Most people want more control over the pace of migration, while recognising migration itself brings both gains and pressures to British society. The public sees the referendum vote as a chance to strike a balance. This could mean strong support for skilled migration, combined with more control over the scale of low-skilled immigration. My own organisation, British Future, has proposed a preferential migration offer to Europe, where visa-free travel could be accompanied by sector-specific job quotas. This would fit too with the calls from Cabinet ministers, such as Andrea Leadsom on agriculture and Sajid Javid on house-building, to ensure that a more controlled system does involve choosing to keep low and semi-skilled immigration that key sectors need.

Cable has set liberals a challenge. They should rise to it - and back a new system which strikes that balance, and gives Britain a positive offer to take into the negotiations for a new post-Brexit relationship with Europe.

Sunder Katwala is director of British Future and former general secretary of the Fabian Society.

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White supremacists are embracing genetic testing - but they aren't always that keen on the results

Users of far-right site Stormfront are resorting to pseudo science and conspiracy theories when DNA tests show they aren't as "pure" as they hoped.

The field of genomics and genetics have undergone almost exponential growth in recent years. Ventures like the Human Genome Project have enabled t humanity to get a closer look at our building blocks. This has led to an explosion in genetic ancestry testingand as of 6 April 2017 23AndMe, one of the most popular commercial DNA testing websites, has genotyped roughly 2 million customers.

It is perhaps unsurprising that one of the markets for genetic testing can be found among white suprmacists desperate to prove their racial purity. But it turns out that many they may not be getting the results they want. 

Stormfront, the most prominent white nationalist website, has its own definition of those who are allowed to count themselves as white - “non-Jewish people of 100 per cent European ancestry.” But many supremacists who take genetic tests are finding out that rather than bearing "not a drop" of non-white blood, they are - like most of us a conglomerate of various kinds of DNA from all over the world including percentages from places such as sub Saharan Africa and Asia. Few are taking it well.

Dr. Aaron Panofsky and Joan Donovan, of UCLA’s Institute for Society and Genetics and the research institute Data and Society respectively, presented a research study (currently under peer review for publication) at the American Sociological Association a week ago, analysing discussion of GAT on Stormfront forums. Panofsky, Donovan and a team of researchers narrowed down the relevant threads to about 700, with 153 users who had chosen to publish their results online. While Panofsky emphasised that it is not possible to draw many quantitative inferences, the findings of their study offer a glimpse into the white nationalist movement's response to science that doesn't their self perception.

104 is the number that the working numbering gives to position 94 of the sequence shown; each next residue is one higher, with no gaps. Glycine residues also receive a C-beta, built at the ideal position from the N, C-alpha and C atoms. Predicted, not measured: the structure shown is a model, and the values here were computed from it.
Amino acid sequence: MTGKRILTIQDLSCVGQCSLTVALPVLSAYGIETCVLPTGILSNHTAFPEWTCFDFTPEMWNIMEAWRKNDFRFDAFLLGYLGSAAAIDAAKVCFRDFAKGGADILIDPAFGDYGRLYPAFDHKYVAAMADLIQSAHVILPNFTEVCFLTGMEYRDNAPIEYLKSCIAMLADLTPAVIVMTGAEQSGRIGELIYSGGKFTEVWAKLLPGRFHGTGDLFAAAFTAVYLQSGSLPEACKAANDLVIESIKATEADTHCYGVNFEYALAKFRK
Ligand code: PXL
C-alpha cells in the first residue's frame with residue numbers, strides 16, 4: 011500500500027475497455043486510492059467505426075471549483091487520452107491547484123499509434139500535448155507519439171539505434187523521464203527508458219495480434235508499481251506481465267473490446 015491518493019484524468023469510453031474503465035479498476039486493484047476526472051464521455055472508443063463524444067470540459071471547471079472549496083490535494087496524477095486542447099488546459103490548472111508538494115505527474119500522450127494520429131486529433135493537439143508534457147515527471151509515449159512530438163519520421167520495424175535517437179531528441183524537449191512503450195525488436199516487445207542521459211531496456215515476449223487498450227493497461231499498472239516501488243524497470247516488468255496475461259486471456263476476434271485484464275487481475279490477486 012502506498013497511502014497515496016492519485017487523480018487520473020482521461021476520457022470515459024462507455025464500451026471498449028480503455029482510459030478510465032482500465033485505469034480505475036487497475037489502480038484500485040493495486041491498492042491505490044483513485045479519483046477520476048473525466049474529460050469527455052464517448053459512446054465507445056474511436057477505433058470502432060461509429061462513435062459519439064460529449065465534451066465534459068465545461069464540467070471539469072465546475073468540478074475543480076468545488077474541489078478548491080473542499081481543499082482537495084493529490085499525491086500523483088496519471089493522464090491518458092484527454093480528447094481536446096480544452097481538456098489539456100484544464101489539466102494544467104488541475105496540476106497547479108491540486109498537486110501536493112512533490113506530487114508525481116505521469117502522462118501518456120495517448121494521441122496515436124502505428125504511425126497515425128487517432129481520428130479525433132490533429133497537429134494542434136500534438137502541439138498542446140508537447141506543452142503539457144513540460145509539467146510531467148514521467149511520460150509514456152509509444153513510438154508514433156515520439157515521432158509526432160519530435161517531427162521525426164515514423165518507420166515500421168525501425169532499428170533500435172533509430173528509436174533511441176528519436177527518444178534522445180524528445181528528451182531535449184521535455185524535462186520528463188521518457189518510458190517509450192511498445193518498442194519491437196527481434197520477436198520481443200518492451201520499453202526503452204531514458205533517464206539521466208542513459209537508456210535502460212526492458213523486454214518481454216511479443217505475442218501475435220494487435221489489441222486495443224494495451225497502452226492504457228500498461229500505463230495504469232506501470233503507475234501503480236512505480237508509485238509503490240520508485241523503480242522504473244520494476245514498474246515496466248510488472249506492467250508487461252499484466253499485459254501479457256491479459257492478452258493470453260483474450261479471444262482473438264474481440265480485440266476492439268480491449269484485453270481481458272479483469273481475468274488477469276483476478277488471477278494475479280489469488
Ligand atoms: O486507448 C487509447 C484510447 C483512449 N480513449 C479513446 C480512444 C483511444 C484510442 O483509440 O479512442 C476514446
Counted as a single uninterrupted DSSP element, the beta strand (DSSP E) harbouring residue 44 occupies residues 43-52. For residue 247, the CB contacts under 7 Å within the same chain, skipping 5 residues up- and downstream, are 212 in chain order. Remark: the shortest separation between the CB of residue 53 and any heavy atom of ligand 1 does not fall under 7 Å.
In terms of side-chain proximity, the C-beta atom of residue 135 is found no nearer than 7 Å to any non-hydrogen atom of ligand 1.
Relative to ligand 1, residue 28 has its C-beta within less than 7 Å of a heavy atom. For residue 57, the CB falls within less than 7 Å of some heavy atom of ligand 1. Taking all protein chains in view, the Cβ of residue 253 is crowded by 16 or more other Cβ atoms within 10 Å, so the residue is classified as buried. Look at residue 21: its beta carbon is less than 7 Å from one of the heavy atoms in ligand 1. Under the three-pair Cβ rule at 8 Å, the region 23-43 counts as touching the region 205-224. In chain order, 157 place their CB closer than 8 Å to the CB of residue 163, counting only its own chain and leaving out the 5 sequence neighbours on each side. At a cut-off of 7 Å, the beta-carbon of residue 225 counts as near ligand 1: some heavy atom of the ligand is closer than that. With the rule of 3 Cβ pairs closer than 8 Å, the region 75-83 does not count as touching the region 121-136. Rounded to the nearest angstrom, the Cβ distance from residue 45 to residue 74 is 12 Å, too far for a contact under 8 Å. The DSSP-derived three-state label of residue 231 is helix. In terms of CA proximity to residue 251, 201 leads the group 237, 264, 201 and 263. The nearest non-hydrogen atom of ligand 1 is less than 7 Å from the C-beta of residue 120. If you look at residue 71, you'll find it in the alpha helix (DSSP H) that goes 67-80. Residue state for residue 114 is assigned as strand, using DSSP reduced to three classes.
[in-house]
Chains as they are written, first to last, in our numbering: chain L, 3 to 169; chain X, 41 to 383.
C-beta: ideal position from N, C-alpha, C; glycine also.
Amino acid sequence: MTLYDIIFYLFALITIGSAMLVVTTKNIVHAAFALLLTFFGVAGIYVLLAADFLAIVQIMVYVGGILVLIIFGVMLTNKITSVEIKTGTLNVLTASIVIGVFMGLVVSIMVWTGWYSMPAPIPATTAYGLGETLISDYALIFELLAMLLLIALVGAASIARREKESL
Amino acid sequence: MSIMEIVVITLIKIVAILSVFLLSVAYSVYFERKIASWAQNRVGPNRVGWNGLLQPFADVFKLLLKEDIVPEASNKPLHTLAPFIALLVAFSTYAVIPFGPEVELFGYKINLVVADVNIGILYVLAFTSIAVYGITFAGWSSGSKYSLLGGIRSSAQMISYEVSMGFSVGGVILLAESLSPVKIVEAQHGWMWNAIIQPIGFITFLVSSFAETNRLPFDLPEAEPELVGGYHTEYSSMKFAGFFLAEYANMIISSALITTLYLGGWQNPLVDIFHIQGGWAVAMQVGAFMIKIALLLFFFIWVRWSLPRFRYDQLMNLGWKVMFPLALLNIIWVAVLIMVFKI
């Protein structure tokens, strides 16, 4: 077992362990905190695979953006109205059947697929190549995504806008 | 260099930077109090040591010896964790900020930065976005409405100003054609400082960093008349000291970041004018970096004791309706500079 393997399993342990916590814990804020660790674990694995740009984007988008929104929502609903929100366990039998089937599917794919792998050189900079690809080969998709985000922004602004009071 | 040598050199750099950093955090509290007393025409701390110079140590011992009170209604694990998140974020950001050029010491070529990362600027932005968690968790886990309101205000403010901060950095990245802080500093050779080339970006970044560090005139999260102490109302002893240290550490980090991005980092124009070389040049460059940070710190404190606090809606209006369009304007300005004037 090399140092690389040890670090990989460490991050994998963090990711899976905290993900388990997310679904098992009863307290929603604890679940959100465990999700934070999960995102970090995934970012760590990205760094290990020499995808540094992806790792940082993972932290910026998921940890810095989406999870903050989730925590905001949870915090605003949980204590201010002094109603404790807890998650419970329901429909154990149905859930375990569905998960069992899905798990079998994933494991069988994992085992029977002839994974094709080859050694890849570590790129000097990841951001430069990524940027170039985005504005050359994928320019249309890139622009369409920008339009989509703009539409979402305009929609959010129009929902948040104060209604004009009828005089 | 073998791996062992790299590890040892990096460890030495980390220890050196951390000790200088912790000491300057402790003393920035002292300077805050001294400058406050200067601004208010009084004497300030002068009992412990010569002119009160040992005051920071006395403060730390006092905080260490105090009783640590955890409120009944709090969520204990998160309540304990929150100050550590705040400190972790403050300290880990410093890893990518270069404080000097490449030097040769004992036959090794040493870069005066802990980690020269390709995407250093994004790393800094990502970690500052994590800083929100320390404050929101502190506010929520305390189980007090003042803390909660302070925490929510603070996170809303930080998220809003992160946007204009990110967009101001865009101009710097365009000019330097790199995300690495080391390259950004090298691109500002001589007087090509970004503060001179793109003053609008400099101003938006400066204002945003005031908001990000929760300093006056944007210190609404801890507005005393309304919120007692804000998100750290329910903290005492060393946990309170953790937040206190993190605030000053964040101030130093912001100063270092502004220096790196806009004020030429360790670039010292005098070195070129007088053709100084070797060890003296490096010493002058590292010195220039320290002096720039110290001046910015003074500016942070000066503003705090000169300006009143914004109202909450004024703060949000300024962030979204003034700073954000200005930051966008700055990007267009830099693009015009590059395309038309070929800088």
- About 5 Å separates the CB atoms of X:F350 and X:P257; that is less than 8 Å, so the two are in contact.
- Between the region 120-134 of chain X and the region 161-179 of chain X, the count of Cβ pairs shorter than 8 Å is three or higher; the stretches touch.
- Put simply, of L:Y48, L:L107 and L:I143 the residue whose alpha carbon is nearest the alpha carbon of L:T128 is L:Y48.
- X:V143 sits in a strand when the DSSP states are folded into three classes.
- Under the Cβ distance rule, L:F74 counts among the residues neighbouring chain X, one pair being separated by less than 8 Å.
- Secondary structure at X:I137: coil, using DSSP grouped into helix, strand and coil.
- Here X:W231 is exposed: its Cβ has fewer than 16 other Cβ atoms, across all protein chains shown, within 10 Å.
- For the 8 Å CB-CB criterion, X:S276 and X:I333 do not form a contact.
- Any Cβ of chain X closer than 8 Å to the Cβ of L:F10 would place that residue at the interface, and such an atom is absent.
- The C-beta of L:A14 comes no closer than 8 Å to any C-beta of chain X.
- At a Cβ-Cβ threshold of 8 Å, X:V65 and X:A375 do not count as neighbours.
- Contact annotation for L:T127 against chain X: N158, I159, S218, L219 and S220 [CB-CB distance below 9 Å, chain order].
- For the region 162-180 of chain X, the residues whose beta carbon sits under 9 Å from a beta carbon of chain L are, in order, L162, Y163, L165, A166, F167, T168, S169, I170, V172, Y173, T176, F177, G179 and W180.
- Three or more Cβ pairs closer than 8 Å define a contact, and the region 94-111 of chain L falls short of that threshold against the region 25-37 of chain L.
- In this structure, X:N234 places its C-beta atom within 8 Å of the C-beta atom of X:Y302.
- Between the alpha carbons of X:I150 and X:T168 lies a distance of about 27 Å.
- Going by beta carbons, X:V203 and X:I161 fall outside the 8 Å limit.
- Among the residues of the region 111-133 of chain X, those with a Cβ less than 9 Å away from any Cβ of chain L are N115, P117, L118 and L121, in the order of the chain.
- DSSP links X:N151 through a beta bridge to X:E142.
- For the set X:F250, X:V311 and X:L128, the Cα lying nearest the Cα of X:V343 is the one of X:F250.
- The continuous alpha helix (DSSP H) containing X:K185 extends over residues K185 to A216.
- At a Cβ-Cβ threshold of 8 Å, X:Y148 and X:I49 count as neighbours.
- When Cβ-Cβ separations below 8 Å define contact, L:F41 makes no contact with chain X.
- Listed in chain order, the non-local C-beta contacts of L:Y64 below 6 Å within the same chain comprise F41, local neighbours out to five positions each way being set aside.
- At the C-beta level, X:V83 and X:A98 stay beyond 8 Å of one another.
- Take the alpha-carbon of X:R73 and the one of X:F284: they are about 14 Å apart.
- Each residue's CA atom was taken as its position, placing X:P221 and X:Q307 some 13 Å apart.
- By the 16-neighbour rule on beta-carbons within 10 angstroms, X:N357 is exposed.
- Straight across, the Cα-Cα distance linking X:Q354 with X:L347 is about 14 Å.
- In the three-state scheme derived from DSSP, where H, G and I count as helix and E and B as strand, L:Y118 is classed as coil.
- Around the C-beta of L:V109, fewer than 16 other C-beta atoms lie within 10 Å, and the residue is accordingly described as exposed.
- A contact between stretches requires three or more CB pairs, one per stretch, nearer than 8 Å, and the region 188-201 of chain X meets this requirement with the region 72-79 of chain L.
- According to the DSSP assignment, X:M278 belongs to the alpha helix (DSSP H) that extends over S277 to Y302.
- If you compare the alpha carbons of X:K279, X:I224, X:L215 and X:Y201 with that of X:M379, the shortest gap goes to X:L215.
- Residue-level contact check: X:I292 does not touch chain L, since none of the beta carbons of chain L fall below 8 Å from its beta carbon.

“The bulk of the discussion was repair talk”, says Panofsky. “Though sometimes folks who posted a problematic result were told to leave Stormfront or “drink cyanide” or whatever else, 'don’t breed', most of the talk was discussion about how to interpret the results to make the bad news go away”.

Overwhelmingly, there were two main categories of reinterpretation. Many responses dismissed GAT as flimsy science – with statements such as a “person with true white nationalist consciousness can 'see race', even if their tests indicate 'impurity'".

Other commentators employed pseudo-scientific arguments. “They often resemble the critiques that professional geneticists, biological anthropologists and social scientists, make of GAT, but through a white nationalist lens", says Panofsky. 

For instance, some commentators would look at percentages of non-European DNA and put it down to the rape of white women by non-white men in the past, or a result of conquests by Vikings of savage lands (what the rest of us might call colonialism). Panofsky likens this to the responses from “many science opponents like climate deniers or anti-vaxxers, who are actually very informed about the science, even if they interpret and critique it in idiosyncratic and motivated ways".

Some white nationalists even looked at the GAT results and suggested that discussion of 100 per cent racial purity and the "one drop" rule might even be outdated – that it might be better to look for specific genetic markets that are “reliably European”, even though geneticists might call them by a different name.

Of course, in another not totally surprising development, many of the Stormfront commentators also insisted that GAT is part of a Jewish conspiracy, “to confuse whites by sprinkling false diversity into test results".

Many of the experts in the field have admitted to queasiness about the test themselves; both how they come to their results and what they imply. There are several technical issues with GAT, such as its use of contemporary populations to make inferences about those who previously lived in different places around the world, and concerns that the diversity of reference samples used to make inferences is not fully representative of the real world. 

There are other specific complications when it comes to the supramacist enthusiasm for GAT. Some already make a tortous argument that white people are the “true people of color" by dint of greater variation in hair and eye color. By breaking up DNA into percentages (e.g. 30 per cent Danish, 20 per cent German), Panofsky says GAT can provide a further opportunity to “appropriate and colonise the discourse of diversity and multiculturalism for their own purposes". There's is also, says Panofsky, the simple issue that “we can’t rely on genetic information to turn white nationalists away from their views."

“While I think it would be nice if the lesson people would take from GAT is that white nationalism is incoherent and wrong. I think white nationalists themselves often take the exact opposite conclusion."